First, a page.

CIMM aims to change that. Its members include major broadcast and cable networks Viacom, Scripps, Discovery, News Corp, Walt Disney, TimeWarner, and Universal, along with large media buying holding companies Carat, Omnicon, and Publicis, as well as major advertisers such as P&G.
Its initiatives include Blueprint, a pilot project run by ComScore involving 10 media companies, including ESPN, that will record and evaluate text-based, video, and audio interaction from TV panel metres and tablets, phone, and PC.
The aim is to create a new cross-platform TV measurement, which Clarke admits is controversial. “Nielsen is taking a different approach,” she says. “It is not using a hybrid. They have a method of enlarging their sample using a variety of techniques, but it’s still primarily a sample-based endeavour.”
A second CIMM project is to develop an open standard for identifying content and ads. With EIDR and AD-ID, the respective standards for identifying entertainment and ad content, and with the backing of Rovi and Movielabs, as well as the American Association of Advertising Agencies, it is working with SMPTE to bind the asset identifiers using the asset itself, probably using watermarking.
Benefits will, Clarke says, include increased speed, transparency, and accountability in video content and ad measurement; lower barriers to deploying cross platform dynamic ad insertion; and improved second screen integration.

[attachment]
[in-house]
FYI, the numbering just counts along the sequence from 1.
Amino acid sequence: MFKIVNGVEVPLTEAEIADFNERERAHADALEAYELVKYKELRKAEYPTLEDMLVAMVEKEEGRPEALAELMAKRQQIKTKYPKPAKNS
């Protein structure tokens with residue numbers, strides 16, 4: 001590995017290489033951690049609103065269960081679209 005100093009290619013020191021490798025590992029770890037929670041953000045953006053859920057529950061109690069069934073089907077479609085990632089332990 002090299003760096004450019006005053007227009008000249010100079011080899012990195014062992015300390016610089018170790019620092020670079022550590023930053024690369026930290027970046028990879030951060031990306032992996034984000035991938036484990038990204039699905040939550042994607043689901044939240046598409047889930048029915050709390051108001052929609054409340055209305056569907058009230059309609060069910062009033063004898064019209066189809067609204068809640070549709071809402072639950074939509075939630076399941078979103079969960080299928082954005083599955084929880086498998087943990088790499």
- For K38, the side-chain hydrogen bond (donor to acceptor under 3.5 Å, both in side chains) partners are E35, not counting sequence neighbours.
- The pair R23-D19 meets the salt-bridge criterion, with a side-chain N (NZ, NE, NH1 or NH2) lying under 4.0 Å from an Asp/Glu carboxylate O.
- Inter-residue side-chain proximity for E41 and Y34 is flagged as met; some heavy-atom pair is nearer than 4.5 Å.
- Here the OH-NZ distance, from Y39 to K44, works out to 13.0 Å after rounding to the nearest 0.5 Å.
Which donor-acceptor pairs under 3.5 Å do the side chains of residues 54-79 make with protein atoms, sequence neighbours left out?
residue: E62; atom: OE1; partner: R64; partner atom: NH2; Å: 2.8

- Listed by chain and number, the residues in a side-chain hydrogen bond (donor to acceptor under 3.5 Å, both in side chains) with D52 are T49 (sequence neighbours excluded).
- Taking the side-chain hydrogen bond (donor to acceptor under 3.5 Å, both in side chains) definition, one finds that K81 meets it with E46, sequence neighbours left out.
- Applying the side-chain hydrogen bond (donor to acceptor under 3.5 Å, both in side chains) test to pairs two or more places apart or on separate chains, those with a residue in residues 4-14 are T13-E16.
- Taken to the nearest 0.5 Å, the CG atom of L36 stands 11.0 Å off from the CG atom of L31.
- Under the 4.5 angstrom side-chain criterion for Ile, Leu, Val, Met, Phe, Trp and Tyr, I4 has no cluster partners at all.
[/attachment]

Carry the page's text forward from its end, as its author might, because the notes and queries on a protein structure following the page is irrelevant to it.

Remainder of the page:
“Nielsen has made it clear they do not want part of the open standard,” she says. “Yet CIMM members are Nielsen’s biggest clients.”
Viacom is a CIMM member, and in November it seemed to blame Nielsen for a tumble in its Q3 ratings, which reportedly led to a decline in ad sales. Viacom claimed that the research firm is outdated because the ratings do not consider digital viewing methods.
Nielsen may be wanting to preserve its business, but it’s disingenuous to suggest its focus remains trained on panels.
This month it began to measure ratings of programmes streamed on subscription online video services such as Netflix and Amazon Prime Instant Video. Using audio detection, Nielsen will identify which shows are being streamed, a new measurement capability that does not require the approval of the streaming services. The data could impact how business is conducted between the services and the studios that license content.
“Our clients will be able to look at their programmes and understand: is putting content on Netflix impacting the viewership on linear and traditional VOD?” Brian Fuhrer, senior vice president of national & cross-platform product leader for Nielsen, told The Wall Street Journal.